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Combination of ibrutinib plus venetoclax results in a high rate of MRD-negativity in previously untreated CLL

In the first-line treatment of patients with chronic lymphocytic leukaemia there is still a medical need for new, effective therapies that improve remission rates, reduce relapses and have few side effects. Results of a planned interim analysis of the phase III NCRI FLAIR trial indicate that ibrutinib plus venetoclax is an effective and well tolerated combination, resulting in a high rate of MRD negativity in blood and marrow in the first two years of treatment.

Ibrutinib (I) and venetoclax (V) improve outcome in chronic lymphocytic leukaemia (CLL). While ibrutinib rarely eradicates measurable residual disease (MRD), venetoclax (alone or with anti-CD20) can eradicate MRD permitting time-limited therapy. Small studies suggest synergy between I and V, as I+V results in MRD negativity in many patients. The NCRI FLAIR trial was initially designed to assess whether ibrutinib plus rituximab was superior to chemo-immunotherapy with fludarabine, cyclophosphamide and rituximab. However, the trial has an adaptive design and at the end of 2017, FLAIR was adapted to add two arms, I monotherapy as an additional control and I+V as an additional test arm. At EHA 2022, Prof. Hillmen presented an interim analysis of the comparison between I and I+V, when 50% of patients reach two years post-randomisation.

Study design

FLAIR is a phase III, randomised, controlled trial for previously untreated CLL requiring therapy by IWCLL criteria. Patients older than 75 years or with more than 20% 17p del were excluded. In the I monotherapy arm, I was given at 420mg/day. For the I+V arm, V was added after two months of I with dose escalation to 400 mg/day over 5 weeks. The duration of therapy (DOT) was defined by MRD with treatment for up to 6 years. MRD was assessed centrally by flow cytometry and MRD negativity was defined as < 1 CLL cell in 10,000 leucocytes (IWCLL criteria). MRD was assessed in peripheral blood (PB) and bone marrow (BM) at 9 months post randomisation, in PB at 12 months and then every 6 months. When PB was MRD negative, this was repeated after 3 months and then in both PB and BM 3 months later. If PB & BM were negative, the time to MRD negativity was calculated (treatment start to first MRD negative PB). The DOT was double the time it takes to reach MRD negativity (minimum two years, maximum 6 years). A formal interim analysis was performed when 50% of patients in I and I+V arms had reached 2 years post-randomisation and a p-value of <0.005 was statistically significant.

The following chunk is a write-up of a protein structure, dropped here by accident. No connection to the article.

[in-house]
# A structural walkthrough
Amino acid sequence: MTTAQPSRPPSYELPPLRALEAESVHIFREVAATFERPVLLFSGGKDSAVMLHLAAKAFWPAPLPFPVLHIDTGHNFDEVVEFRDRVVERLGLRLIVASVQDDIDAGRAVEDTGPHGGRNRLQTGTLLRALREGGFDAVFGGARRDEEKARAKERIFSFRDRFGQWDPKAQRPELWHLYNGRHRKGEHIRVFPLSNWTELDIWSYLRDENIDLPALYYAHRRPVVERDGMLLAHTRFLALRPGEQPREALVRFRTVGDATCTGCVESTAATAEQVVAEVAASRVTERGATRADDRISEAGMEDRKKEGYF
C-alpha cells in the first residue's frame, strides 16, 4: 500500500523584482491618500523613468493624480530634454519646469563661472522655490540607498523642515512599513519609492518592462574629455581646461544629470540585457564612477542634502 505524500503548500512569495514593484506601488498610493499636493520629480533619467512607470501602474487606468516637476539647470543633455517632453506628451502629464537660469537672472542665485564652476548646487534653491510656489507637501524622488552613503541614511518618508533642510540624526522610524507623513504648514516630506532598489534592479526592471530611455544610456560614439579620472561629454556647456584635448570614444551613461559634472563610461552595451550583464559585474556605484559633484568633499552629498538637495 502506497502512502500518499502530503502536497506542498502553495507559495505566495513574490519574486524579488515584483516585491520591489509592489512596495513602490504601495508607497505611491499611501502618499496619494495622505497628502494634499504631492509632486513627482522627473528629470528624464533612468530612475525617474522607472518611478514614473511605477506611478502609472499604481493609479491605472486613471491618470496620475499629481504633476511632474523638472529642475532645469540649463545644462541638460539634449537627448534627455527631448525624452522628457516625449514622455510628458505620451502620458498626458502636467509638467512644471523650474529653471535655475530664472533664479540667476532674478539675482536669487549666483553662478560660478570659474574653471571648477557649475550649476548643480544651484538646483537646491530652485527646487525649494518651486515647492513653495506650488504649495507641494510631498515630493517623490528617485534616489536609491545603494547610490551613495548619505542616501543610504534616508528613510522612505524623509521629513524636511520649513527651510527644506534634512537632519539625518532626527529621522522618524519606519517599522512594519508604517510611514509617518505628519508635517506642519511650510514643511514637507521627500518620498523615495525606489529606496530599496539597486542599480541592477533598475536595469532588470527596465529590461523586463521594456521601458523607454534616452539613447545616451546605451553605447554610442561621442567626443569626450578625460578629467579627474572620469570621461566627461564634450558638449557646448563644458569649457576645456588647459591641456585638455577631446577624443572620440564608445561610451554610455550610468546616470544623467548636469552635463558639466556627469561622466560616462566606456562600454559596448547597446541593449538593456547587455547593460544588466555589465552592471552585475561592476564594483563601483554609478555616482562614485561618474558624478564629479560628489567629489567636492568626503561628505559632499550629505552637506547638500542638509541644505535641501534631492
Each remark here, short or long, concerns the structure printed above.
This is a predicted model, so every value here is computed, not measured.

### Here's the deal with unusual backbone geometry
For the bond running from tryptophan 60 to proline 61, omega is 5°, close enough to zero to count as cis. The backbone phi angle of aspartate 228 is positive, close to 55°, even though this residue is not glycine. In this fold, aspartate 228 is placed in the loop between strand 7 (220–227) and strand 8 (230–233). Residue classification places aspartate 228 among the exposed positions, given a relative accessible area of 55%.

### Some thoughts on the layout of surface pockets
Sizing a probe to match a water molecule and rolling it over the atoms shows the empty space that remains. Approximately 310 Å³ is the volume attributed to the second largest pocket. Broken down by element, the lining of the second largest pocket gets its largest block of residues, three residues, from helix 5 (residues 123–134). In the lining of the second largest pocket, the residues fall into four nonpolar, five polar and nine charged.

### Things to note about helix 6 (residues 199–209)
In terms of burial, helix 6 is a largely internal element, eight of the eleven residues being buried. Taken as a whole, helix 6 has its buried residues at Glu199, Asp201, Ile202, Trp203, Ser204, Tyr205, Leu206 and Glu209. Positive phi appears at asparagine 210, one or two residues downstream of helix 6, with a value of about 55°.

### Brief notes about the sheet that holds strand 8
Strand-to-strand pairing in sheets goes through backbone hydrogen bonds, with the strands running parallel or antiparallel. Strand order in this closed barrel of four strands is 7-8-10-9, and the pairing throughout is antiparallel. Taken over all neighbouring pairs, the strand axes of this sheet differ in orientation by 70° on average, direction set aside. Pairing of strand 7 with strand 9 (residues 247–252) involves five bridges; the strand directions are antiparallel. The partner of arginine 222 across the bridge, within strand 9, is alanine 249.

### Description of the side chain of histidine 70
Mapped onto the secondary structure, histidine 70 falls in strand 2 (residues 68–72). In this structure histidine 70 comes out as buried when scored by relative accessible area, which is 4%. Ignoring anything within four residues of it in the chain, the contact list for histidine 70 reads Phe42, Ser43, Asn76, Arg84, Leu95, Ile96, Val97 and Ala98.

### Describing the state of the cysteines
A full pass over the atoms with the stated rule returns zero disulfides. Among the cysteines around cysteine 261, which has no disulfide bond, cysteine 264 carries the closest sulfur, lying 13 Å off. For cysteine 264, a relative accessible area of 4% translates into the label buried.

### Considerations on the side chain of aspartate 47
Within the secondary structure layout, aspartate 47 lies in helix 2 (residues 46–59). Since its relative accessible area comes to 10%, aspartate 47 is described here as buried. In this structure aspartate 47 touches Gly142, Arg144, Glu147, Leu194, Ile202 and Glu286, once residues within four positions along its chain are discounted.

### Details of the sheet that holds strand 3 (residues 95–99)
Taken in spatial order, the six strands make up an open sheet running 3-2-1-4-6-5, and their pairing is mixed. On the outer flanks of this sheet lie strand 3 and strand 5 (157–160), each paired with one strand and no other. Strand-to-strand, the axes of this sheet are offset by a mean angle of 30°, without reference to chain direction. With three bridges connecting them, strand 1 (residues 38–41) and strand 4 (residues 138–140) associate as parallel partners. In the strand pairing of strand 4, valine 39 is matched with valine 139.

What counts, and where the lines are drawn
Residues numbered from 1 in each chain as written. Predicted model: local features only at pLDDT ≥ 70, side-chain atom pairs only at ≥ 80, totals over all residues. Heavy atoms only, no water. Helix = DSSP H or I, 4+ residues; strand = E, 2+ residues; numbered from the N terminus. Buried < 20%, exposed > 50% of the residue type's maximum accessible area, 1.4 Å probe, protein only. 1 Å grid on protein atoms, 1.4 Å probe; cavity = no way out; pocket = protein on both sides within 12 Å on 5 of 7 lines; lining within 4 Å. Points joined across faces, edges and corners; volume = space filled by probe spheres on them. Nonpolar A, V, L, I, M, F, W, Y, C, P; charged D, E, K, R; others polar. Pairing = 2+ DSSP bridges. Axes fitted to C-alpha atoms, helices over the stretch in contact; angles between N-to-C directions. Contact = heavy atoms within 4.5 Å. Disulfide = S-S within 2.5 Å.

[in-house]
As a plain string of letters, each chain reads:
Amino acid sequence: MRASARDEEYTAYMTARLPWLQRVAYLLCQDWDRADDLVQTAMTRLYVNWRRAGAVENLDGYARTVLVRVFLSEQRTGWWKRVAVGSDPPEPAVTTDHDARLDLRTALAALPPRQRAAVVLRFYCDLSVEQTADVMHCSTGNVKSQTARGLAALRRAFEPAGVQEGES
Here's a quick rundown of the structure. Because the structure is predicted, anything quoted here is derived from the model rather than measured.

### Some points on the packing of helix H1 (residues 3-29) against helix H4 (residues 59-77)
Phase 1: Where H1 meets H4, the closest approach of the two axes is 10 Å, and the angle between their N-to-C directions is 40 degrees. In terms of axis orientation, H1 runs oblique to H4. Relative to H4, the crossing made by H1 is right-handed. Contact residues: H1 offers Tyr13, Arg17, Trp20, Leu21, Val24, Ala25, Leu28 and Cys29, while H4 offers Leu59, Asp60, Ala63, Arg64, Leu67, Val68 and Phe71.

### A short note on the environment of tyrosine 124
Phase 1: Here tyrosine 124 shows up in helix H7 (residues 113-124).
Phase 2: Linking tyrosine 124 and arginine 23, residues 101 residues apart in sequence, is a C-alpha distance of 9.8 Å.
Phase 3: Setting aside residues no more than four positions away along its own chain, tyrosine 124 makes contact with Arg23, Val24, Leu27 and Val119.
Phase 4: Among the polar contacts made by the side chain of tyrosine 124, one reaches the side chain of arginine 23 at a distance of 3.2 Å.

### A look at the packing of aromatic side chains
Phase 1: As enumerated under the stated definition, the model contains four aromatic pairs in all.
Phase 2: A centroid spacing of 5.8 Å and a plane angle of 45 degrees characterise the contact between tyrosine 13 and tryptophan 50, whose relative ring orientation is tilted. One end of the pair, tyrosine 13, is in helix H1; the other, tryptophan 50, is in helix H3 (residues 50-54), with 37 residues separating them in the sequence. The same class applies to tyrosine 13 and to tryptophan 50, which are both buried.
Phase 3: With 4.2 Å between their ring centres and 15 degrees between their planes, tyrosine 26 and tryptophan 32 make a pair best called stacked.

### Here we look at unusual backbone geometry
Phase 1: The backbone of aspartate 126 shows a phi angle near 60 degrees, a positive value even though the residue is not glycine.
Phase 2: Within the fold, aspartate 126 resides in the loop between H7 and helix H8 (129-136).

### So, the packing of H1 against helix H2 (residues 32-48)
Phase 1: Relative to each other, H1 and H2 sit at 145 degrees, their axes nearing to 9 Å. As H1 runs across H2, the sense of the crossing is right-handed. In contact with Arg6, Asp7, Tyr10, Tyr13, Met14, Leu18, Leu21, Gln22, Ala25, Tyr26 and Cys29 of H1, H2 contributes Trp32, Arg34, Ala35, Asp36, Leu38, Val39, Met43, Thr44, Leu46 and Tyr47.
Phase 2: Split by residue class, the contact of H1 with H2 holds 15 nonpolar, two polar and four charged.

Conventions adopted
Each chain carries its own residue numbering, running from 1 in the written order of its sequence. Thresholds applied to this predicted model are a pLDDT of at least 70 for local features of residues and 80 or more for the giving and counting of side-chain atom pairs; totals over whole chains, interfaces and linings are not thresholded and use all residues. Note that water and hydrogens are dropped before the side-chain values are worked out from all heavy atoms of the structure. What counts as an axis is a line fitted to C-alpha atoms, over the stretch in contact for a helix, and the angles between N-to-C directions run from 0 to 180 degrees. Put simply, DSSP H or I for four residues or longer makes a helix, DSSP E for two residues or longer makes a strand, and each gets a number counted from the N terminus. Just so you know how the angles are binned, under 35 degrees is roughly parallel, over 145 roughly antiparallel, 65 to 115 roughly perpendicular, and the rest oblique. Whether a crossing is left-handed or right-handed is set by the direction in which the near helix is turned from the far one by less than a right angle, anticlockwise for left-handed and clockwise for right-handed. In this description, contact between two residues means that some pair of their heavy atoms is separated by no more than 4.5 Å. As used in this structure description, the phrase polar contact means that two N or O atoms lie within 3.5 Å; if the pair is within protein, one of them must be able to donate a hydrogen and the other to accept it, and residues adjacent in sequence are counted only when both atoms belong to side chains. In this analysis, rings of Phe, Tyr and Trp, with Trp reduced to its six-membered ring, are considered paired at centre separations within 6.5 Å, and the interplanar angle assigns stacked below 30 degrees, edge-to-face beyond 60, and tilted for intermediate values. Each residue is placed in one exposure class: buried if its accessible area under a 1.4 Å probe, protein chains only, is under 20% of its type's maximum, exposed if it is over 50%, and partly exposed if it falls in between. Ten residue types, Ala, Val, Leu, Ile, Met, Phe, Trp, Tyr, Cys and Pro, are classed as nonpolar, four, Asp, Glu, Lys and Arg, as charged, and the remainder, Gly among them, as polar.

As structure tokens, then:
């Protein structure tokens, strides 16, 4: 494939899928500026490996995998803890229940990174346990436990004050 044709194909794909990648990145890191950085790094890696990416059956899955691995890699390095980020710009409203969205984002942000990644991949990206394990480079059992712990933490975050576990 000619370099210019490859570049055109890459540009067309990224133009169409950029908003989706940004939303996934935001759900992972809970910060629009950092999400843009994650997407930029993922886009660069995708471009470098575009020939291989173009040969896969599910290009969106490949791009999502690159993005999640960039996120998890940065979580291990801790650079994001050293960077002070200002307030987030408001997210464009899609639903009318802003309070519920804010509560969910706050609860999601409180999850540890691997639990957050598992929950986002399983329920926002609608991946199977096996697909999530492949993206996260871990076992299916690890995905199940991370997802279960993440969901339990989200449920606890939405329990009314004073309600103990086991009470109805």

In total, 523 patients were randomised to I or I+V and the first interim analysis reports on the first 274 patients reaching 2 years post-randomisation. Among them, 72.3% were male and the median age was 63 years, 40.9% had Binet stage C. There were slight imbalances in IGHV subset 2 (12.3% for I and 5.9% for I+V) and 13q deletions (41.3% for I and 32.4% for I+V).

The objective response rate at nine months post-randomisation was 86.2% in the I arm and 88.2% in the I+V arm. However, only 8.0% of patients in the I arm achieved a complete response, as compared to 59.6% in the I+V arm. At the two-year time-point, 65.4% and 71.3% of patients receiving I+V achieved MRD negativity in the BM and PB, respectively. As no patients in the I arm achieved MRD negativity in the PB or BM, penalised logistic regression models were fitted to enable finite parameter estimation. The odds ratio of becoming MRD negative in the bone marrow by 2 years post-randomisation were 454 (95%CI: 29.0-7122, p< 0.0001). The median time to MRD negativity in the I+V arm was 12 months for the PB and 19 months in the BM. In the I+V arm, 42.6% achieved MRD negativity after one year of treatment and thus stopped treatment at 24 months. MRD negativity for I+V in BM within 24 months was 79.7% for IGHV unmutated and 56.4% for IGHV mutated.

The most frequent any grade adverse events (AEs) within 12 months of randomisation differing between I+V and I were diarrhoea (52.6% I+V patients, 29.4% I), nausea (40.7% vs. 14%), anaemia (28.9% vs. 16.9%) and leukopenia (36.3% vs. 8.8%). Leukopenia was the only grade ≥ 3 serious AE (SAE) reported in > 10% of patients (27.4% I+V and 5.1% I). Laboratory tumour lysis syndrome (TLS) was reported in 6/136 (4.4%) of I+V patients and none with I. There were no cases of clinical TLS. Infectious SAEs were reported in 14.8% vs. 19.9% and cardiac SAEs in 11.9% vs. 8.1% of patients for I+V and I, respectively. In total,  9.4% of patients in the I arm and 13.2% of patients in the I+V arm discontinued ibrutinib early due to AEs.


Ibrutinib plus venetoclax resulted in 65.4% MRD-negative remissions in the marrow in the first two years of treatment, compared to none for ibrutinib monotherapy. Furthermore, the combination resulted in 59.6% complete responses after nine months, compared to only 8% for ibrutinib alone. Ibrutinib plus venetoclax was well tolerated with higher rates of cytopenias and diarrhoea.


Hillmen P, et al. The combination of ibrutinib plus venetoclax results in a high rate of MRD negativity in previously untreated CLL: the results of the planned interim analysis of the phase III NCRI FLAIR trial. Presented at EHA 2022; Abstract S145.

Speaker Peter Hillmen

Peter Hillmen

Peter Hillmen, MD, PhD, St James’s University Hospital, Leeds, United Kingdom


See: Keyslides


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